In all of life’s aspects there is a hierarchy. In the working sector, there is the manager, and the manager has a supervisor directly under him (or her). Under the supervisor, there is sometimes a team or shift leader, and then finally there’s the base level worker.
I’ve had several roles, in all of those positions. I’ve been a standard worker, just chugging along. I’ve also been a team leader and a trainer, helping the new hires get acclimated to the job. I was even a supervisor for a brief moment in my life. Now as a truck driver, it’s just me and the road. Sure, I have my boss and my supervisor… but 90% of the time, I’m left to my own devices. The extra time is great (for the most part) and it allows me to think about and engage (either through conversation or audio book) in other topics while working. Thanks to my unique schedule, I have developed quite a few different hobbies, thanks in part to the things I learn while driving.
One of the things I like to do when I’m not behind the wheel, is beekeeping. I have two hives set up at my sister in law’s house. Bees are fascinating creatures. They are self sufficient and do wonders for the environment, and they are a major help when it comes to food production. Unfortunately, honey bees are also having a really tough time right now. Honey bees not only have to defend their colonies from pests and mites and other diseases, they also have to deal with pesticides and pollution. Besides the terrible Varroa Mite, humans are the biggest threat to honey bees at the moment. An over use of pesticides (some incorrectly sprayed), man made pollution, climate change and habitat loss are all driving honey bee numbers into the ground. In fact, 2017 actually set a record, with 40% of all bee colonies in the United States dying throughout the year. This is actually up from 33% the previous year!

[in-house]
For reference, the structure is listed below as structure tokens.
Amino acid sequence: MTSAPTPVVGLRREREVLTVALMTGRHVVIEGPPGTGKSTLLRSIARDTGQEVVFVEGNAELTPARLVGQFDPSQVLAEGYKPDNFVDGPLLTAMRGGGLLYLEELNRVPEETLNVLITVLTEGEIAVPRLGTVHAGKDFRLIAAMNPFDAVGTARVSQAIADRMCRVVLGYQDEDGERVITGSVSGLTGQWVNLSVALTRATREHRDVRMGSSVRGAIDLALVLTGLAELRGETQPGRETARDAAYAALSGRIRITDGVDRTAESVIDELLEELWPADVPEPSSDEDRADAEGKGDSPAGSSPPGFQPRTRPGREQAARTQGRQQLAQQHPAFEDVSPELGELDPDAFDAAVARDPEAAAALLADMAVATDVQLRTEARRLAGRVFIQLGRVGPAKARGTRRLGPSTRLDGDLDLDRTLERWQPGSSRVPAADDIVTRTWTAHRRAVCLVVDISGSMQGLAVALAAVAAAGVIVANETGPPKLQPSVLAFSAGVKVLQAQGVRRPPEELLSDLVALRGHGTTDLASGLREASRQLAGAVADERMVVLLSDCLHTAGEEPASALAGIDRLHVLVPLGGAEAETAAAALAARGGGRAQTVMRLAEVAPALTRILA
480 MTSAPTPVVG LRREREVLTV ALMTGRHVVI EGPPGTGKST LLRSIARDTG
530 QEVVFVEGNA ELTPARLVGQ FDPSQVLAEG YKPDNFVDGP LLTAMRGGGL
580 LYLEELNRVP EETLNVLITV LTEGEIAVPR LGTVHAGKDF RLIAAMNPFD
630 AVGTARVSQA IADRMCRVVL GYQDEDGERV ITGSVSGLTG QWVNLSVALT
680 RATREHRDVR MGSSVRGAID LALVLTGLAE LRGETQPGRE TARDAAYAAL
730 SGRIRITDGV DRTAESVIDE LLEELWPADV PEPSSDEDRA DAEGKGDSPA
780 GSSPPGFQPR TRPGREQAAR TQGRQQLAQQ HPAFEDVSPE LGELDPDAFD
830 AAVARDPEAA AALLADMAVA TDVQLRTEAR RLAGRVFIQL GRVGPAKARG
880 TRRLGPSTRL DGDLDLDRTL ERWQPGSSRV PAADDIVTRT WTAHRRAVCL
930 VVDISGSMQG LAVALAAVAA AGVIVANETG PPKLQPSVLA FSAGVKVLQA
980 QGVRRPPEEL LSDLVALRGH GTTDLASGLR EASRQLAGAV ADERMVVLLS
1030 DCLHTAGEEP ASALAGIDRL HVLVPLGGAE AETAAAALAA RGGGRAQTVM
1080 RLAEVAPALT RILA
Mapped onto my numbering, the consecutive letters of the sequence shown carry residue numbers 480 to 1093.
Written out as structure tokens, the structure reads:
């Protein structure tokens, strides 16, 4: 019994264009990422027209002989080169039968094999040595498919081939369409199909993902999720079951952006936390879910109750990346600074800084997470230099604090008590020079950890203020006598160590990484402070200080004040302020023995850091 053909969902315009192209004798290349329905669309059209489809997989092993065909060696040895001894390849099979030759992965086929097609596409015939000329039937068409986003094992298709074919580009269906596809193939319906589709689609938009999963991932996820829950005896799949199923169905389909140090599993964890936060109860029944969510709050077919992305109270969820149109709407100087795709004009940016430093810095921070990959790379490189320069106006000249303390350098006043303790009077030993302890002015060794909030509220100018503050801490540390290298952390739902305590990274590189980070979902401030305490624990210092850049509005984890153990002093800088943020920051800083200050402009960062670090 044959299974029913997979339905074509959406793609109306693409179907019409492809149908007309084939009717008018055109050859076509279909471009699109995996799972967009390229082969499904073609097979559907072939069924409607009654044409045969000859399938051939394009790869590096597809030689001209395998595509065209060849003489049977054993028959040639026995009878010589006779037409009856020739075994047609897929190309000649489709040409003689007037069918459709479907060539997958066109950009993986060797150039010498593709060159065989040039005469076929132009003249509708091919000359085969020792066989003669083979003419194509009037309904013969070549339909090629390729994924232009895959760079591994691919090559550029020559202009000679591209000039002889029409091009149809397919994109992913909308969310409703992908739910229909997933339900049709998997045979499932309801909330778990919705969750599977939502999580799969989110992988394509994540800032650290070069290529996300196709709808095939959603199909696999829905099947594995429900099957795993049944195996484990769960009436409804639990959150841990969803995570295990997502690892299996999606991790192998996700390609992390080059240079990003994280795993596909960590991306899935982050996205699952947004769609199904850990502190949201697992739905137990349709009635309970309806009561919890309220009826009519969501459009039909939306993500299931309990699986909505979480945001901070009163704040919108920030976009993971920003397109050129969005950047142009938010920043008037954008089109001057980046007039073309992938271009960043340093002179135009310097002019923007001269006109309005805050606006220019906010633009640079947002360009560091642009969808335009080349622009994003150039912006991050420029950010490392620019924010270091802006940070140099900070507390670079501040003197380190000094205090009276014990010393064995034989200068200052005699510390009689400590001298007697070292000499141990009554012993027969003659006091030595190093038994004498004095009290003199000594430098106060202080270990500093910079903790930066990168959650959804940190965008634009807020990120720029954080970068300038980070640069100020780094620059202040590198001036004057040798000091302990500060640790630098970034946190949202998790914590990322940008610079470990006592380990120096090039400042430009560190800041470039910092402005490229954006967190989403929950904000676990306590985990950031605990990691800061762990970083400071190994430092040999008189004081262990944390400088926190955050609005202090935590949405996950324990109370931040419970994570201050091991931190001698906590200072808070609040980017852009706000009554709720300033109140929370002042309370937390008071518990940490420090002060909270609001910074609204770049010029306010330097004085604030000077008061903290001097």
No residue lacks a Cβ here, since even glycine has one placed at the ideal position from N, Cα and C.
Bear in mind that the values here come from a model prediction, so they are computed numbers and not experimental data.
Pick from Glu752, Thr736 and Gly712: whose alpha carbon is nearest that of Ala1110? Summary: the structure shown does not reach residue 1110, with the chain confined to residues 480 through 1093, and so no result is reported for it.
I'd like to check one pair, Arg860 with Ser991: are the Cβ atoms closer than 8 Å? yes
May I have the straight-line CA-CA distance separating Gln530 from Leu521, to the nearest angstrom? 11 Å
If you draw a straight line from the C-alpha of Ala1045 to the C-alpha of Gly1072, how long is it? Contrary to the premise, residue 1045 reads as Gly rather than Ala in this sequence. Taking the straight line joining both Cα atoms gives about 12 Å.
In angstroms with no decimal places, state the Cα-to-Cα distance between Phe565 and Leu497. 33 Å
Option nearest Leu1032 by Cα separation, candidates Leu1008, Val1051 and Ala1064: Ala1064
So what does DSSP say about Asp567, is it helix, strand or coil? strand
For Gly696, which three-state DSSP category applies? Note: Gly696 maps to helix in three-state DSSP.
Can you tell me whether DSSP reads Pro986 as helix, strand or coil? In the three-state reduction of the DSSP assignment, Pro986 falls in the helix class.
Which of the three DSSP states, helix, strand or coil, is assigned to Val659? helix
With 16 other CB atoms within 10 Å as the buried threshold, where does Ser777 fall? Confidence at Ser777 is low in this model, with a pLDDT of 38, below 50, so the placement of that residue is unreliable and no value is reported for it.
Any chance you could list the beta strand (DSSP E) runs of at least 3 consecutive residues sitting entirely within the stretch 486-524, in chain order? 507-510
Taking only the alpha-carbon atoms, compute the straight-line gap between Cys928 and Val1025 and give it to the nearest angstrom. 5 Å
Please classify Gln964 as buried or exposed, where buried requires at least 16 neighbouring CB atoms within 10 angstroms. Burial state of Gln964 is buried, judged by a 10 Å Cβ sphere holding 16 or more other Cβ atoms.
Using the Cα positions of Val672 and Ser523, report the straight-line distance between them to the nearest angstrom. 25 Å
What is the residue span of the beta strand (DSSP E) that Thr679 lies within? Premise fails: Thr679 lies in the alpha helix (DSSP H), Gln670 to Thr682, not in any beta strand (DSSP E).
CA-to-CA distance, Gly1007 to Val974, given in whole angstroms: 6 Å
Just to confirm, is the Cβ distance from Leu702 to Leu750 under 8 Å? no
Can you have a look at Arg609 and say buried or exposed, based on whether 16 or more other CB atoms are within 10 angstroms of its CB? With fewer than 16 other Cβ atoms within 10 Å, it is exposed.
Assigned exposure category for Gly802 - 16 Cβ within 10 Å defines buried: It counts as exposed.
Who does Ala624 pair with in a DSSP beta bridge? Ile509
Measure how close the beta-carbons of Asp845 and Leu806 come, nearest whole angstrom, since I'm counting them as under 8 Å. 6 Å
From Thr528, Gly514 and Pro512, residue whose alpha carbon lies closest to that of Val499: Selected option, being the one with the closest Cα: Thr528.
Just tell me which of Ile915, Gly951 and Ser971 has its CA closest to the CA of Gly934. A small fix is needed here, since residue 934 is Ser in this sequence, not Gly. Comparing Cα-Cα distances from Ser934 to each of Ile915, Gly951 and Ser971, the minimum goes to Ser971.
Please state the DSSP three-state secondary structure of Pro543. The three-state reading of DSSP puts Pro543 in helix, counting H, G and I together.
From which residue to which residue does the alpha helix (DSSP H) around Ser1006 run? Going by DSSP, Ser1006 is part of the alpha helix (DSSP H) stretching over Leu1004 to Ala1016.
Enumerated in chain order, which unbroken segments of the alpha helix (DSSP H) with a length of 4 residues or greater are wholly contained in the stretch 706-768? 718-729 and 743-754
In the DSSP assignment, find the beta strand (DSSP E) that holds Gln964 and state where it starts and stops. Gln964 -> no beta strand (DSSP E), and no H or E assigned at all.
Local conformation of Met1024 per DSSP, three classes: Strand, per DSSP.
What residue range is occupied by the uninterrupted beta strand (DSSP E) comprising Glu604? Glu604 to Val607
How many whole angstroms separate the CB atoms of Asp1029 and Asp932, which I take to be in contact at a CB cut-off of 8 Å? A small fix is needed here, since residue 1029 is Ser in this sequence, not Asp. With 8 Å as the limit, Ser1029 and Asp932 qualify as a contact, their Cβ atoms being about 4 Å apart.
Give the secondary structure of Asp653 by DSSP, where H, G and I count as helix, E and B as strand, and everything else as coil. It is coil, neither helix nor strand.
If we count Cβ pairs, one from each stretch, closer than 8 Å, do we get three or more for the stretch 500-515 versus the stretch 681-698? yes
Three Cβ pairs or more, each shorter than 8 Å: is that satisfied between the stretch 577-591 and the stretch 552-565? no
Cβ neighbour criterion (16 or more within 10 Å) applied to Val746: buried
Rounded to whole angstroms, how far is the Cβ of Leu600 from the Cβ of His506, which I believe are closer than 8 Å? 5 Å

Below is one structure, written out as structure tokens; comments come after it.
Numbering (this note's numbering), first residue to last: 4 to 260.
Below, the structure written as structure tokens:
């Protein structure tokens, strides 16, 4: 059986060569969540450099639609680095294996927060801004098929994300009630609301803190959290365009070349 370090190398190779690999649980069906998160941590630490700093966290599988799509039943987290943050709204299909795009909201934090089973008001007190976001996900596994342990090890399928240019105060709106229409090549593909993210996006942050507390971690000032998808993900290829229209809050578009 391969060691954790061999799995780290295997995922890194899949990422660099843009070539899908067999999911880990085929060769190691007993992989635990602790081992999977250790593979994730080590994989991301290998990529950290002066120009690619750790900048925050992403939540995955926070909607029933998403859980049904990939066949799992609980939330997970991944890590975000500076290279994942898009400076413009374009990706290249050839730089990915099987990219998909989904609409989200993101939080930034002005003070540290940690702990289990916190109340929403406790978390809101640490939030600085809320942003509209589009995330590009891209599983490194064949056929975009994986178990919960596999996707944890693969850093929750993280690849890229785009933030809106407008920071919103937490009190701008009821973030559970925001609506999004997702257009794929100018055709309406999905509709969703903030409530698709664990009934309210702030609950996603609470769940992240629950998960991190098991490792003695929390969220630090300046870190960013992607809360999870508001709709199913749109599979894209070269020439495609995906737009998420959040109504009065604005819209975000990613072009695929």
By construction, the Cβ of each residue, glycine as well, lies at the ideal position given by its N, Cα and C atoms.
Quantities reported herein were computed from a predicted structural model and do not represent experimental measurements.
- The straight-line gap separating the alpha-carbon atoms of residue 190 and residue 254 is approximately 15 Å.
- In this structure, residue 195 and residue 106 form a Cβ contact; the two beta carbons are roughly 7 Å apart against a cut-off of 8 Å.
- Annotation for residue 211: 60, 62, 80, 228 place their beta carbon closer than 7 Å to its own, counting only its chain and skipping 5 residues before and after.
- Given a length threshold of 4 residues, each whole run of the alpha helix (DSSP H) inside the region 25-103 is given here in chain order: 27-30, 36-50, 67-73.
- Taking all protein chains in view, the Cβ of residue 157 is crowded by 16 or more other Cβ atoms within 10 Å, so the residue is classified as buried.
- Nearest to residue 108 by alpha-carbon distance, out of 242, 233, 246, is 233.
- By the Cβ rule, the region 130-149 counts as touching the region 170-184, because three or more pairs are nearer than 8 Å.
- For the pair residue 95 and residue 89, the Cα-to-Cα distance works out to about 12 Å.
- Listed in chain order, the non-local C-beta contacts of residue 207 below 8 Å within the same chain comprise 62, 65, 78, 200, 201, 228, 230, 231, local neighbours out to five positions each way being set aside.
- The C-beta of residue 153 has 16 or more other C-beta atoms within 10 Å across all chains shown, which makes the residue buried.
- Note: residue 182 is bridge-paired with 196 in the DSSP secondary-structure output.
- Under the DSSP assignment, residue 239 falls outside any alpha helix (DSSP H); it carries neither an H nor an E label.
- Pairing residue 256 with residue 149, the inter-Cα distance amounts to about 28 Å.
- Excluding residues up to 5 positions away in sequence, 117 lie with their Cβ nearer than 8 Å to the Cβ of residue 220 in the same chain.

I started keeping honey bees a few months ago. I thought it would be a great way to offer bees wax and other honey products for Harmonious Goat. Harmonious Goat is the business my wife and I set up for the home made, natural soaps she makes. (shameless plug, please check out Harmonious Goat, my wife Emily makes quite a few different varieties of hand soaps and lotions, and they’re really, really good without all the harsh chemicals from store bought soaps) One of the first things I had to do when I first got my bees, was install them into their new homes. First I had to gently dump the bees from the package they came in, to the bottom hive box. Then very carefully, it was time to install the queen. She came in a small wooden box with a wire mesh acting as a window. This allowed the worker bees to get used to the new queen and allowed for a slower introduction. The exit to this wooden box was filled with a bit of candy taffy. It would take the worker bees about three days to eat their way through the candy plug and release the queen from her confinement. As soon as she was released however, she got to work laying eggs.